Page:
I've used RAID 0 many times in the past, but I've only ever used it for a striped OS drive with all data going to other drives, on the premise that I can simply reinstall the OS if I have a failure, inconvenient but no big deal. I've striped data arrays too, back in the day, but only in combination with mirroring.

    These days though, for all but some very specific professional use cases, even with a simple basic SATA SSD speed is so good that striping is pretty pointless really, and even more so when it comes to NVME.

    So to rephrase what you said, correcting your mistake, 'I don't see the point of mirroring in RAID 1'.. I've just explained the point. And why its far more important than RAID 0 unless you don't value your data.
     
    Last edited: Nov 18, 2019
  12. spit051261

    spit051261 Member

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    I know what RAID is , I am using RAID 0 on all my drives .
    I made a mistake by mixing up striping and mirroring .
    As I said , I am so sorry and it won't happen again , please forgive my ignorance .
    BTW I use raid 0 , although it can be risky , for speed .
    I make back ups regularly so don't see the need to waste hard drives on RAID 1.
    As I said earlier though , please forgive my ignorance in the presence of all you smart people and I really don't need a lecture on RAID but thanks anyway .
     
    Last edited: Nov 18, 2019
  13. ruffdayz

    ruffdayz Member

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    I'm just going to say it (since nobody else has yet)... RAID is NOT a substitute for a proper backup strategy.

    It was never designed for (and should never be used for) that purpose.

    The purpose of RAID is to allow one (or more) drives to fail, and continue on working without data loss, until that drive is replaced.

    As drives get faster and larger, some RAID levels of the past will begin to disappear, until we (in my opinion) will probably be left with the likes of RAID 1, and RAID 10.

    RAID 0 will get largely eliminated by large capacity single drives.
    RAID 2/3/4 are rarely used these days.
    RAID 5 is starting to get phased out.
    RAID 6 is still used in servers due to multiple drive failure redundancy.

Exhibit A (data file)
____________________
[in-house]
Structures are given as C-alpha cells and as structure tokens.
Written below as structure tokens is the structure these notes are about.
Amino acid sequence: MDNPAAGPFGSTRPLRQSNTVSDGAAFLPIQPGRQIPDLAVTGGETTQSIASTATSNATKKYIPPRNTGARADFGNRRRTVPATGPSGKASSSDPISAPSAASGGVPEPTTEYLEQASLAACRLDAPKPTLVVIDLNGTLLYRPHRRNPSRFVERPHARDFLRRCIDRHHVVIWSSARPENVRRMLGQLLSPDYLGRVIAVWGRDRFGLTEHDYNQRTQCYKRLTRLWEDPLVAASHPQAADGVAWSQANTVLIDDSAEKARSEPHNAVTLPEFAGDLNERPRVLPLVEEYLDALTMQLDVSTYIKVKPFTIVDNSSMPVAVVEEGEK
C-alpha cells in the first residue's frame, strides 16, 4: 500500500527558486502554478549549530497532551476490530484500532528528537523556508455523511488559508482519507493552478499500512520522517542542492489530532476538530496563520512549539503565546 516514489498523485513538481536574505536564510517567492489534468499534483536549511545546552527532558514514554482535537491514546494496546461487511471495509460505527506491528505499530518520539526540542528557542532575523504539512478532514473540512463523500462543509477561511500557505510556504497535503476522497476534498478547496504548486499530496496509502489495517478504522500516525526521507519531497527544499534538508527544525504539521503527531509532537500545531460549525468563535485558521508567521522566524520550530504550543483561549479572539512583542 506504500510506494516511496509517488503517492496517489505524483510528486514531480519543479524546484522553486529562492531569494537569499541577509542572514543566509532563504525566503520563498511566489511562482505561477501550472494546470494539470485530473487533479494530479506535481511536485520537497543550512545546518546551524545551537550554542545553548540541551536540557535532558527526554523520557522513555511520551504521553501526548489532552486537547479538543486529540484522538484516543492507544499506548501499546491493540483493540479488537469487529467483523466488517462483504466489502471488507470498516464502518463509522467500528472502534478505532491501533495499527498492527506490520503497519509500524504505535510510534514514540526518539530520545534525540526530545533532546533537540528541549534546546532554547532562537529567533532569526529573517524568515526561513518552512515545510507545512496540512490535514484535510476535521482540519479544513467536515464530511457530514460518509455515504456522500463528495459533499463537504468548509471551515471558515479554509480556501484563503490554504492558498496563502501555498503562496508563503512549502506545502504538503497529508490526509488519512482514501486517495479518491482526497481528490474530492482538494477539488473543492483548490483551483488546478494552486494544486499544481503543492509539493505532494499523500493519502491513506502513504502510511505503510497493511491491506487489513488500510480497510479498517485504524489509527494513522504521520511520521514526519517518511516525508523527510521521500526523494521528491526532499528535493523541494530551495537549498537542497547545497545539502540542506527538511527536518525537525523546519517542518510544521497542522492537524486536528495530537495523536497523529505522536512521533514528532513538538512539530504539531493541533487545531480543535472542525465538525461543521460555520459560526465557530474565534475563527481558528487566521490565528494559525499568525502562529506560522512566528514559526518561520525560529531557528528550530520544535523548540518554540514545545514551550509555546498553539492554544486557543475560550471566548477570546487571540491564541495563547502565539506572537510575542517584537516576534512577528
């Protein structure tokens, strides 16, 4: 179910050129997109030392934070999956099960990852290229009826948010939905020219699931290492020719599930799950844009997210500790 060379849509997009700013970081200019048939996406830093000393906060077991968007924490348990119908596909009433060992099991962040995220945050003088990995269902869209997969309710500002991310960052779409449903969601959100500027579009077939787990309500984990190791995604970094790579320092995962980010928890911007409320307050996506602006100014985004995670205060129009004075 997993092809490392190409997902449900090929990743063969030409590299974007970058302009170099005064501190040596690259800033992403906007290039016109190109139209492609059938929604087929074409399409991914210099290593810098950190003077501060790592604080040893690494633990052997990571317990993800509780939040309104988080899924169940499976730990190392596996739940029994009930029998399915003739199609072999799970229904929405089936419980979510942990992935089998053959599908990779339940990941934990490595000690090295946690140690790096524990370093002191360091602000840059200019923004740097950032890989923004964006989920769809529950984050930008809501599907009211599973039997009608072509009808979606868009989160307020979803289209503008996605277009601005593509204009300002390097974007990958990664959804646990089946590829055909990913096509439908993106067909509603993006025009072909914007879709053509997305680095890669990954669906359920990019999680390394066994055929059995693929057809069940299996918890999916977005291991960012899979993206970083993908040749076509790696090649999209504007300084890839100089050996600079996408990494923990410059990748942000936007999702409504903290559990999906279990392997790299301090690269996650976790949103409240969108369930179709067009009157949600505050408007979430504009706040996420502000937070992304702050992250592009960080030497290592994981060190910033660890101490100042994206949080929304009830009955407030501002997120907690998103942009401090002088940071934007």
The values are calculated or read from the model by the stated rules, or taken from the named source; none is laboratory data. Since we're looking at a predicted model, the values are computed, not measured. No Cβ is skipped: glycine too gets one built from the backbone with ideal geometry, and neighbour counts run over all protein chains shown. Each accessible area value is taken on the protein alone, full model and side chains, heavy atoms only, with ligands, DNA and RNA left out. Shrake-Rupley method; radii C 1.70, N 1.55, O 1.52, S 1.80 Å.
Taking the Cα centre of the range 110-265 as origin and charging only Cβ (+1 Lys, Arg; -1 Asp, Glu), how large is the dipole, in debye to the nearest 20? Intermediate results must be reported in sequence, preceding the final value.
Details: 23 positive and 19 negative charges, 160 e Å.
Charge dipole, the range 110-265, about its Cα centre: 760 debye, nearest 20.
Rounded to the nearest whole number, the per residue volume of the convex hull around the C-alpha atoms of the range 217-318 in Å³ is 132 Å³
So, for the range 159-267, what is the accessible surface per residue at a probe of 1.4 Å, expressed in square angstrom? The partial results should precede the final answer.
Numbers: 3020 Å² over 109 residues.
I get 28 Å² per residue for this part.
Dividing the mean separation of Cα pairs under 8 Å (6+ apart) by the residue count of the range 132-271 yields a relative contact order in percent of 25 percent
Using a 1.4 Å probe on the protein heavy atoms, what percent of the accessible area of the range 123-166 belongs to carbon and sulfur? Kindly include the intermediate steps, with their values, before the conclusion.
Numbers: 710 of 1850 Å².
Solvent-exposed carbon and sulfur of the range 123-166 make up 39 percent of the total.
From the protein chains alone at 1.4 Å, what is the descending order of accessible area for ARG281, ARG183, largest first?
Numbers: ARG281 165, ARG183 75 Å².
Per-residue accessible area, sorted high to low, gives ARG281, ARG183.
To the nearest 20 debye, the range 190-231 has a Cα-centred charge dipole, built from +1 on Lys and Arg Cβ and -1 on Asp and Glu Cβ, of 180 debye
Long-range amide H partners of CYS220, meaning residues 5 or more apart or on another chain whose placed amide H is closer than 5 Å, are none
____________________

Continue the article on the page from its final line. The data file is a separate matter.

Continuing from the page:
Then there is nested raid levels.

    No .. no it's not good enough. The crime for spreading of misinformation is punishable by head in the stocks at high noon, and pelted with rotten tomatoes... them be the rules!

    Seriously... don't worry about it and don't overly apologise.

    This forum was built on peoples opinions and will survive on that.

    I tend to agree, but it's asynchronous vs roughly synchronous wear. I see it like buying a Ferrari, ripping out the 6L v12 motor, and replacing it with a 1L 4 cylinder motor "just because they both allow the car to drive".

    It's crippling the performance of the SSD simply to create a RAID 1 array and protect data.

    In my opinion the smarter option is SSD for OS and separate high capacity NAS rated drives (SATA/SAS) for storage of data. That is unless the OP can afford 2 x 2TB or 4TB SSDs (that said wow those 2TB SSDs have come down in price now!) ... When I bought my fancy Samsung 512GB SSD it was like $300, and now not that much more gets you a 2TB!

    *Looks at his almost full 2 x 3TB mechanical RAID 1 array and shed a tear*
     
    Last edited: Nov 18, 2019
  14. cvidler

    cvidler Member

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    Correct it offers exactly zero protection against, cryptoware, virus attacks, accidental or deliberate deletions/overwrites, electrical damage (storms/lightning), theft, fire, etc. etc.

    Backups are additional copies (multiple) stored off line and ideally elsewhere, and tested regularly.

    All RAID does is protect against drive failure - and even then it can't protect against all failure modes.
     
  15. OP
    OP
    AbRASiON

    AbRASiON Member

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    Sure, they are extra paranoid though, NAS, USB , Cloud - all being added AND raid.
    They request it, I build it - I just want the money TBH :)